After the markets got hit by a slew of negative data, Cramer is puzzled as to why the markets aren't down big. Take a look at it, he says, highlighting that the service industry grows less than forecast, a new report from an unemployment service showed that jobs aren't yet coming back, the Fed's minutes said that in 2010 the economy will be subdued and the market isn't as excited by the Google phone as speculated.
Not to mention, says Cramer, that the market is overbought - there is too much buying and not enough selling, which drives stocks up faster than they should be - making the stock market vulnerable to this kind downtrodden national news. With all this negative news, the market should have been down today, says Cramer, but instead it had a flat day, so what happened?
Cramer points out a simple answer: "There are too many solid micro stories," which basically means that many individual companies are giving reasons for investors to buy, and the combined effect trumps the large-scale national news.
He points to Ford, which hit a 52-week high in Wednesday's session, in the wake of excellent sales reports and increased profitability. Even though the company keeps issuing stock, Cramer says, people just keep buying. With a host of bankruptcies in the sector, Cramer says that investors simply don't have enough stocks to invest in, reasoning that this is why companies like Lear, Tenneco , Magna and Johnson Controls continue to follow an upward trend.
Cramer also highlights Dow Chemical , whose stock keeps climbing on upgrades and underestimated earnings power present in the space as a whole. More of the market's micro stories are in tech companies hitting their 52-week highs, like Cree, Western Digital, AMD, Sandisk or Skyworks Solutions, who are all moving upwards in tandem, although Cramer feels as though they should have dropped following new factory additions and increased supply. Another micro story was in the fertilizers, which was Mosaic, although posting a disappointing number, moved higher.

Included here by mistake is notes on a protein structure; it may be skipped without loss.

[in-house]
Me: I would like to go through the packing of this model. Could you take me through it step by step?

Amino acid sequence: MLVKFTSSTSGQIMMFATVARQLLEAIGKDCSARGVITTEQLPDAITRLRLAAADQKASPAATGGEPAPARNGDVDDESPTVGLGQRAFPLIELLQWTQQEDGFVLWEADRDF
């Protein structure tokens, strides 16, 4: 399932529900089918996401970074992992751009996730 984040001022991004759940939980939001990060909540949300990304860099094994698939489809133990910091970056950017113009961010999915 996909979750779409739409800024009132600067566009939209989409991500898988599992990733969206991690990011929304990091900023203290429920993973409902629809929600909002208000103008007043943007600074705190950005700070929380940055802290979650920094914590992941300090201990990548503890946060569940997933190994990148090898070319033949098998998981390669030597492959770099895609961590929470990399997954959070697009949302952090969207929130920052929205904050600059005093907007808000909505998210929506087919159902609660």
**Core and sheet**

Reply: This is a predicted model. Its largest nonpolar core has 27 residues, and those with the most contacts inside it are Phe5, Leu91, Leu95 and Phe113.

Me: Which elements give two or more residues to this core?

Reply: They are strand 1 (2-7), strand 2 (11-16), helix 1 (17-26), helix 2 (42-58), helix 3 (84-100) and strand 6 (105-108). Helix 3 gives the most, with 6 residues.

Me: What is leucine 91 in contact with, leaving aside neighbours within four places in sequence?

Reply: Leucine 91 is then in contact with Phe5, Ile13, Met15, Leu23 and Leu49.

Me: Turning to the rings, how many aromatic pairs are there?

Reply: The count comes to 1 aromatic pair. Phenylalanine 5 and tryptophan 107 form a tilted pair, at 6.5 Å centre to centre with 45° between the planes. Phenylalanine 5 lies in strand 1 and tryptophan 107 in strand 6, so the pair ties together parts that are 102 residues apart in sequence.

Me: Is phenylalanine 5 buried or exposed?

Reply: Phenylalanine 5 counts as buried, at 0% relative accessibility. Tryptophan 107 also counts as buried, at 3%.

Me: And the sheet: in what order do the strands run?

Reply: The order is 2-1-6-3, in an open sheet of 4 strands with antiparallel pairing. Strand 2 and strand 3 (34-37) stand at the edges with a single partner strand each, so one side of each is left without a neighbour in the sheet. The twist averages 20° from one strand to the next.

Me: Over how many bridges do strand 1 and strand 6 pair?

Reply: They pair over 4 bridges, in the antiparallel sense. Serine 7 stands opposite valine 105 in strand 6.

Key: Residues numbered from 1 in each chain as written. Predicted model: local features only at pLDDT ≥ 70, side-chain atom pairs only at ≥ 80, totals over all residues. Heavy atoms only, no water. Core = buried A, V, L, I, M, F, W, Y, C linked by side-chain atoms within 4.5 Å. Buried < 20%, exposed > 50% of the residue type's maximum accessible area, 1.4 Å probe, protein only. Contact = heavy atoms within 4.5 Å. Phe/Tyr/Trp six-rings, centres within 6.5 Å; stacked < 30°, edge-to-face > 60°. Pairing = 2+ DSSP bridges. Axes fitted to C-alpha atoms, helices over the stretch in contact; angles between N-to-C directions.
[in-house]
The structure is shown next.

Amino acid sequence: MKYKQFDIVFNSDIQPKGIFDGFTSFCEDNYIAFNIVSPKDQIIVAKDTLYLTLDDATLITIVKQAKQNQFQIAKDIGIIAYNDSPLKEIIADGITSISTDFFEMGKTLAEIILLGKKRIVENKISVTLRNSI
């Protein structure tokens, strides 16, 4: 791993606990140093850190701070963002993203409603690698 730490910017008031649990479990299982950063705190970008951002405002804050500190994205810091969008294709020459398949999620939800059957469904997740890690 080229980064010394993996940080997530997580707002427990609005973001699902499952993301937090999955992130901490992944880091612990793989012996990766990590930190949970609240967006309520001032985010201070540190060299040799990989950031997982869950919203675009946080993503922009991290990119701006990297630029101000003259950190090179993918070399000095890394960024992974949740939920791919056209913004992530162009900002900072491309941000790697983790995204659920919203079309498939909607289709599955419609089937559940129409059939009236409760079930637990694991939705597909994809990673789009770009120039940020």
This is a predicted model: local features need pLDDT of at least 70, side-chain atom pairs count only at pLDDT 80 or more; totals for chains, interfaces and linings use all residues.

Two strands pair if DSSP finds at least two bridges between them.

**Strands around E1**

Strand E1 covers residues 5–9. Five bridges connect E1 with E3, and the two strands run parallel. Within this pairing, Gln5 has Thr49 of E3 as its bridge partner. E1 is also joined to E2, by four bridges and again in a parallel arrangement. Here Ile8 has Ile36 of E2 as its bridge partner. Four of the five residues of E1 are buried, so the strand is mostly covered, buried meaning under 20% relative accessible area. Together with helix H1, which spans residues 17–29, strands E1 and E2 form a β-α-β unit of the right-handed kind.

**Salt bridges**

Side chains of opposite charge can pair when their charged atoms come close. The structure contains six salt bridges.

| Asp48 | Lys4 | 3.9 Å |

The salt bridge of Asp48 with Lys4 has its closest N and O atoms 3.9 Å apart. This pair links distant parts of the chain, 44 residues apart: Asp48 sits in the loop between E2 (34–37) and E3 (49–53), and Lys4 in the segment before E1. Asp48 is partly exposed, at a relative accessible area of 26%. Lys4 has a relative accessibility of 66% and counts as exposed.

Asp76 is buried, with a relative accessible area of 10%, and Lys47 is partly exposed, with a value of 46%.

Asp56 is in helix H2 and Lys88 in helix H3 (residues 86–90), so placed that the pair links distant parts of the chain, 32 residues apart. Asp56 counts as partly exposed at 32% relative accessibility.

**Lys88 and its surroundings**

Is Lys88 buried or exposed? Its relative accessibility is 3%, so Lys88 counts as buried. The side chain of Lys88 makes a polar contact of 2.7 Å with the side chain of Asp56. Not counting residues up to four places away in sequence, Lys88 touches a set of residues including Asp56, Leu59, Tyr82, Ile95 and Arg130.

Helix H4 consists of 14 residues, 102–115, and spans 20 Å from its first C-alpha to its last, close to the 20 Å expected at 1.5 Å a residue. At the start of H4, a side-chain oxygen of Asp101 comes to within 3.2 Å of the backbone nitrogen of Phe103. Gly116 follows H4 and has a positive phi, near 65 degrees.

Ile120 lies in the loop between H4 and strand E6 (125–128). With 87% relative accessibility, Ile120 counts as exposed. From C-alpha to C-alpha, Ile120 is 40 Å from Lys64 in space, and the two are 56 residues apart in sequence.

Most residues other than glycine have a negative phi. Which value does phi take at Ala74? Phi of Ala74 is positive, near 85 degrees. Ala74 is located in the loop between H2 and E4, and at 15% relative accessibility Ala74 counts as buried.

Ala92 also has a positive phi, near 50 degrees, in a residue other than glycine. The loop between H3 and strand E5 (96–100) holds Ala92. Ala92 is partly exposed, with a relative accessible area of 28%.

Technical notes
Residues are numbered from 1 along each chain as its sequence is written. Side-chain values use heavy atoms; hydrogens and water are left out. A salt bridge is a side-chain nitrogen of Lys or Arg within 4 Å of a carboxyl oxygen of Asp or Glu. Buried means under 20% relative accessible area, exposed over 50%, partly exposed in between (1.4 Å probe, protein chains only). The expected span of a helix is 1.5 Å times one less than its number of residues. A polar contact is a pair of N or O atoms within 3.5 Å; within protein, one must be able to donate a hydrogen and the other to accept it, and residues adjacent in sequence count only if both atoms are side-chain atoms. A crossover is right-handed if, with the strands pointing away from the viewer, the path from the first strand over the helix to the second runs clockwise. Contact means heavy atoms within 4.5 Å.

With these examples and more, Cramer can only have one explanation for the overall trend: "It is a remarkable bull market. Not a bear market." Despite this, he sees the bulls as being on the defensive, but can't tell why this is such a pervasive feeling, which may suggest that it all may be subsiding.
What's the bottom line? On a day where the market should have shot lower, individual stocks proved to be more important to the overall market than the stocks and stories that have traditionally been the big guns.
Cramer's charitable trust owns Johnson Controls.
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